Children with learning disabilities under stress with multiple board exams

The news of common exams being reinstated for class VI has many parents and students worried, especially the children who have learning problems or Special Educational Needs (SEN).

Considering such factors, the Ministry of Education and Skills Development (MoESD), and some inclusive schools in the country are trying meet the children’s needs.

Children with special needs are supported with special accommodations, time extensions and suitable assistance during exams.

However, the main barrier is that the content of the exam material is not to be modified, and only the form can change.

The Principal of Changangkha MSS, Nyendo, shared that the school has 126 children (80 boys and 46 girls) with various disabilities.

And there are children in classes VI and VIII and X, who would be sitting for common exams this year. But there are also some children who would not appear for the board exams.

Children with various disabilities are categorized into three different categories; mild, moderate and severe. A total of 51 children with disabilities are mild, 41 children are moderate and 34 are in the severe category.

Children who fall under the severe category are given life skill classes, and do not sit for the board exam. The mild and moderate categories of SEN students who are taking up the general curriculum will sit for the common exams but with adaptation and accommodations.

“We have been talking to BCSEA and they are kind enough to provide these facilities to the children with special needs in the inclusive schools,” said Nyendo.

For instance, if a child has visual problems, the test papers are edited into a special format, and the tasks are printed in larger font size as required.

Similarly, there are some children who have behavioral issues, and BCSEA provides a separate room to do the examinations.

Schools assist children by altering the examination arrangements according to their special needs.

The principal also shared that last year there were three children with special needs in class VIII who appeared in board exams, one could make it to class XI while two couldn’t. It was a surprise for the school since many children failed in the class VIII board exam.

At the time of examinations, they were also provided with adaptations and accommodation, he added.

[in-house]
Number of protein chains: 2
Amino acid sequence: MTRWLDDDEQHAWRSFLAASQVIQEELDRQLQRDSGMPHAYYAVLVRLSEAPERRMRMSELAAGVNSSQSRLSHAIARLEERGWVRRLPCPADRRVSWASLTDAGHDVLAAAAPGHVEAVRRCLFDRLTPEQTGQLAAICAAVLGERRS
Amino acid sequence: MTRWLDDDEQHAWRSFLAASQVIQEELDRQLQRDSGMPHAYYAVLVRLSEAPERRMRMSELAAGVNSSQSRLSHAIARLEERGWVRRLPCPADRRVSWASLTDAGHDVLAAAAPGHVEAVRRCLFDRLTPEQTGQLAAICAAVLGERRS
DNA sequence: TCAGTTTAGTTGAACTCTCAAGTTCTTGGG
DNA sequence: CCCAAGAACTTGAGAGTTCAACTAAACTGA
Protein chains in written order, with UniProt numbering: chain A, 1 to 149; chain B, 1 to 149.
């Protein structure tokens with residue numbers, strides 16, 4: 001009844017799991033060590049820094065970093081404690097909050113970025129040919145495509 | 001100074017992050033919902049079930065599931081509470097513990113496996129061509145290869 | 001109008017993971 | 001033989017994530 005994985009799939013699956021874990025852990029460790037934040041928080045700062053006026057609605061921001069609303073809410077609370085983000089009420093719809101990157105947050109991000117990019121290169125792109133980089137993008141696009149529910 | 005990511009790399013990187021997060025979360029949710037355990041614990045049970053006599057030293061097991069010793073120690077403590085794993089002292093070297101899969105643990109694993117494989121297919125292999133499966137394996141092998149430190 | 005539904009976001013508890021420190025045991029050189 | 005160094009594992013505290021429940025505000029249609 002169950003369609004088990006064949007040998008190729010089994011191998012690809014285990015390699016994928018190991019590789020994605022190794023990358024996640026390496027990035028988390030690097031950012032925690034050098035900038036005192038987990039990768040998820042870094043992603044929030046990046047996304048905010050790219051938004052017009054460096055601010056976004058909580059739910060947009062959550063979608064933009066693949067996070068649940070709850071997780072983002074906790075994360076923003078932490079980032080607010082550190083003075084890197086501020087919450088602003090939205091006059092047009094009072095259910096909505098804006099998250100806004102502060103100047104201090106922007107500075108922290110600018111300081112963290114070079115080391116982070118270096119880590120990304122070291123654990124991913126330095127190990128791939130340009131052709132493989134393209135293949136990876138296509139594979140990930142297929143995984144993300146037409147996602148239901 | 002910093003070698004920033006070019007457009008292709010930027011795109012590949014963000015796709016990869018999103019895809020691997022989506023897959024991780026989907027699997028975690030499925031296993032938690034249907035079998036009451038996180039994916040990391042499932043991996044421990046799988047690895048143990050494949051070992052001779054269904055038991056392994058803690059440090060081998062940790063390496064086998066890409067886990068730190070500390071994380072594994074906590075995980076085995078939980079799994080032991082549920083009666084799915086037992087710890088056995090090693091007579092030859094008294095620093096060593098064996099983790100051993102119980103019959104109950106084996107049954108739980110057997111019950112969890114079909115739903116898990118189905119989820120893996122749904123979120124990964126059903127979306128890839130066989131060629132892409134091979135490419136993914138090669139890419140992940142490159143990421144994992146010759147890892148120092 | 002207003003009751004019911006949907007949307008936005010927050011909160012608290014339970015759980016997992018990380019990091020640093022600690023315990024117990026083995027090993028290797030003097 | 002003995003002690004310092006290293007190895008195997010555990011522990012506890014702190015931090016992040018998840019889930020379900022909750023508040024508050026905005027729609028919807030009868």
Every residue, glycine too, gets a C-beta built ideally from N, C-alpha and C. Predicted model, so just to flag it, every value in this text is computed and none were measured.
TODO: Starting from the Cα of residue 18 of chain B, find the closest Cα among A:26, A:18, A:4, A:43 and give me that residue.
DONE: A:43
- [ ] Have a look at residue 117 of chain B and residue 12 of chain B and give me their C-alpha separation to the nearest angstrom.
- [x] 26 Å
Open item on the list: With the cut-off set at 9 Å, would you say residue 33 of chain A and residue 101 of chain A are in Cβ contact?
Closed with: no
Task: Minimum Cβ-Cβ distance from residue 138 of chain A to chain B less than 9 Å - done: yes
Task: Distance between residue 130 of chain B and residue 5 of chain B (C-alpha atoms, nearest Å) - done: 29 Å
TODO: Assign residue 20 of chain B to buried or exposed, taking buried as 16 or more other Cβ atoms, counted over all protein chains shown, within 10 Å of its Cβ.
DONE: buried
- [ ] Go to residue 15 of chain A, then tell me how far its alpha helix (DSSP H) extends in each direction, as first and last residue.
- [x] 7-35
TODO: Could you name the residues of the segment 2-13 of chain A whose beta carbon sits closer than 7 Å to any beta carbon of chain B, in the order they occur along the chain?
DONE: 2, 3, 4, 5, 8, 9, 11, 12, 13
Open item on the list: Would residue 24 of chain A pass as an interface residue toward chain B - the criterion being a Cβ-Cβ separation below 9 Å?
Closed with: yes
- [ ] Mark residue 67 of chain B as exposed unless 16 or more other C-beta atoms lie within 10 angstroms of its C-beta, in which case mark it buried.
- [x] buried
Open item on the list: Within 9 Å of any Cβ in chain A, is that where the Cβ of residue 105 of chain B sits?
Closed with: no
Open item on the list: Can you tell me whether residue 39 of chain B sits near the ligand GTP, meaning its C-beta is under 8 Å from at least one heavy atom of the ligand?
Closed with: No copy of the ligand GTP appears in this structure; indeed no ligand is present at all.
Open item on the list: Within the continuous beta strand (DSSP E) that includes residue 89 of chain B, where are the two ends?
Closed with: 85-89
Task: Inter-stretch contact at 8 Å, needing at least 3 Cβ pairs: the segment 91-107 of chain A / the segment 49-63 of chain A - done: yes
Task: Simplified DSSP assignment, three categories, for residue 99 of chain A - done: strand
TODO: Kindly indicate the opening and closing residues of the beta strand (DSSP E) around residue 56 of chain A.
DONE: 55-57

A SEN coordinator of the Tendruk Central School, Tara Devi, shared that children with severe disabilities who are sitting for board exams have different curriculum, and children who are attending the general curriculum like any other students, have different sitting arrangements and flexibility is given. The school has to notify the BCSEA.

BCSEA in collaboration with REC and MoESD made special arrangements for children with various difficulties to appear for their exams.

“Personally, I feel children with special needs are lucky to have all those arrangements and flexibility provided by BCSEA and schools,” said Tara Devi.

Currently, there are 26 inclusive schools in the country.

However, while the above has been done the major problem for a large number of disabled children especially in terms of intellectual disability like Autism and others is that the system of examinations that starts from class 4 onwards now made worse by board exams in class 6, 8, 10 and 12.

While children with severe disabilities are taught life skills and vocational skills the large numbers of mildly disabled children attend government identified inclusive schools or private inclusive schools.

However, with so many board exams private inclusive schools who already do not get support from the government are now reluctant to take even mildly disabled students as the many exams would impact their pass percentage if these kids fail.

Those special needs children already in the schools are now under pressure to perform like other mainstream kids which is not possible. This puts a lot of stress on such children and their parents.

While Bhutan’s National Policy for Persons with Disabilities 2019 talks of inclusiveness in education on the ground it is not so with the focus on exams.

The parents of the special needs children are hoping that the Ministry of Education and Skills Development and other stakeholders can come up with a middle path.

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